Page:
The BYMCU remains the best example of High Victorian Gothic architecture in Boston’s Central Business District. I have seen multiple construction dates, including 1873, 1875 and 1872 but 1875 appears to be the best date for completion of the original strucure.
The BYMCU went up after the Great Fire of 1872, which gave Mr. Bradlee fertile ground for his design. As Jane Holtz Kay says in “Lost Boston,”
“…this was a period for fancy. Individualism reigned and a picturesque and personalized architecture was its hallmark.”
“Lidded by mansards; serrated by gables; grooved by geometric lines; and textured by glazed tile, brick, stone, terra cotta or copper, nothing restrained postfire architecture.”
You have only to look at the façade of 48 Boylston Street to see many elements of High Victorian Gothic architecture:
- Polychrome, or multicolor, decoration in the construction materials
- Varying textures
- Strong vertical lines
- Carvings of birds, leaves and gargoyles
- Windows and doors accented with stone or brick trim
- Pointed arches at windows and entrances
- Decorative dormers and cross gables
America’s Oldest Gym
The new building incorporated space for “self-improvement and healthful recreation’’ and called itself “America’s Oldest Gym.’’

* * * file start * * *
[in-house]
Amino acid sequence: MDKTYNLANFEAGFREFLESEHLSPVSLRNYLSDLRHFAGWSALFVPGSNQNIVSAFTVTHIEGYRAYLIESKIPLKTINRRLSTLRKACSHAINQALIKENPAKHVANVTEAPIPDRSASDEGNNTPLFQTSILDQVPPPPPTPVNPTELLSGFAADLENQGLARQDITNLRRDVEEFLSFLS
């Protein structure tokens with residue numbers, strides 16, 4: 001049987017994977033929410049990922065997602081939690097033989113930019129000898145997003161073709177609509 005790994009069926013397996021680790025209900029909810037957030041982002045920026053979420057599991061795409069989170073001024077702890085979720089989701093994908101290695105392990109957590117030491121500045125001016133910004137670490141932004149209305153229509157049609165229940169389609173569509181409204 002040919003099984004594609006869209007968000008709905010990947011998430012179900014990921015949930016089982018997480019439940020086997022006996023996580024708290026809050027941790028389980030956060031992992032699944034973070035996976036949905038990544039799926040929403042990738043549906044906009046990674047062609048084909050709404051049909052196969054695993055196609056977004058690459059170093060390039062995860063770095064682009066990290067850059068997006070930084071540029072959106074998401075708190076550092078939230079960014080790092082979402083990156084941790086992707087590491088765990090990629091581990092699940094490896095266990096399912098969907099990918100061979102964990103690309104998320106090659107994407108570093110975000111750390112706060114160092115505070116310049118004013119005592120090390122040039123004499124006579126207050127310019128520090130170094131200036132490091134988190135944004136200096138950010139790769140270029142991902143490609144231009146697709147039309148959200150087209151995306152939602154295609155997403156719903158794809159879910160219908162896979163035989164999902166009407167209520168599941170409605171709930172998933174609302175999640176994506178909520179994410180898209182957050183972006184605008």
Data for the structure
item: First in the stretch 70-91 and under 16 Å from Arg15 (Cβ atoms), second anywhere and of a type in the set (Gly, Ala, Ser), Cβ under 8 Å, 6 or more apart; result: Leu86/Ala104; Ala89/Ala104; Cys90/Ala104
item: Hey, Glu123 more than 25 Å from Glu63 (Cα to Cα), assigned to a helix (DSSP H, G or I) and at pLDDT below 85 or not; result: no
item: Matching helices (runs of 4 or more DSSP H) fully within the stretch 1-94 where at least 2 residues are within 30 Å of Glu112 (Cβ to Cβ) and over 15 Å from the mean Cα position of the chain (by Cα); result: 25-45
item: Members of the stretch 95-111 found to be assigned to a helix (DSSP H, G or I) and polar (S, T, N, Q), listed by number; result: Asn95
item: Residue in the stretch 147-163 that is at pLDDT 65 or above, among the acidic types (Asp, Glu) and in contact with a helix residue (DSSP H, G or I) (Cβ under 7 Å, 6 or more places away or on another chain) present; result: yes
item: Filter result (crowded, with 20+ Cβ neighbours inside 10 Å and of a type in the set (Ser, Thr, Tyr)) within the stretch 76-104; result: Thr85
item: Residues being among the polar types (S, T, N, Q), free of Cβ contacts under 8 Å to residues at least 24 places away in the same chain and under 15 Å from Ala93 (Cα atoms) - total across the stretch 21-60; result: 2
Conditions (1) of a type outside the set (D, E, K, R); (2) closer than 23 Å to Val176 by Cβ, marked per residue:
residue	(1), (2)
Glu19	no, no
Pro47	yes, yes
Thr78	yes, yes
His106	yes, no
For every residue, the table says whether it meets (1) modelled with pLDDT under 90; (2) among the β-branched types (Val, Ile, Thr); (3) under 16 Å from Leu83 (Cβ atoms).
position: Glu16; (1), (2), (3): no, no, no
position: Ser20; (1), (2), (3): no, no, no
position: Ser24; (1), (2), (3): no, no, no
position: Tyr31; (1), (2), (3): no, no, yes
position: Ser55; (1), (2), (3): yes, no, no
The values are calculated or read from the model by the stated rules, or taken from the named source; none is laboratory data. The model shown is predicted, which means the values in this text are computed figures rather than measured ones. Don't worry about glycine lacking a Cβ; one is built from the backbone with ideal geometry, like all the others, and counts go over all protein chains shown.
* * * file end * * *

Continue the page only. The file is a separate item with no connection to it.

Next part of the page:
The Boston Young Men’s Christian Union building t is actually much larger than it appears thanks to additions in 1883, 1911, and 1956. It now extends at the rear into an irregular L shape.
Those simpler brick structures do not match the original, elaborate Boylston Street façade. Walking past them, you would never know the larger buildings are connected to the Young Men’s Christian Union at all.
The organization’s name appears above the front door carved in a simple sans-serif typeface that is totally unlike Gothic script.
Deterioration and Renovation
The building deteriorated in part due to its proximity to the old Combat Zone. A complete structural renovation in 2003 included major changes to both the exterior façade and interior facilities and finishes.
From the renovation until 2011 the building was called the Boylston Street Athletic Club, and was later known as the Boston Union Gym or BYMCU Athletic Club. In 2017 St. Francis House, in partnership with the Planning Office of Urban Affairs, purchased the building with the vision of creating 46 units of affordable housing, a social enterprise creating employment training and new jobs for homeless individuals, and revitalizing the neighborhood!
Websites show the renovation underway but there is little sign of completion from the front door. Ground-floor retail space remains, unfortunately, empty and that gives the building a somewhat forlorn appearance.
The Boston Landmarks Commission designated the building at 48 Boylston Street as a Boston Landmark in 1977 and it was added to the National Historic Register in 1980.
The Passing of Nathaniel Bradlee
The man described by the Boston Globe as “one of the most successful men” of his era suffered a fatal stroke on a business trip at only 59 years old. Nathaniel J. Bradlee is buried in Mount Auburn Cemetery.
Unlike many of his other structures, the Boston Young Men’s Christian Union abides.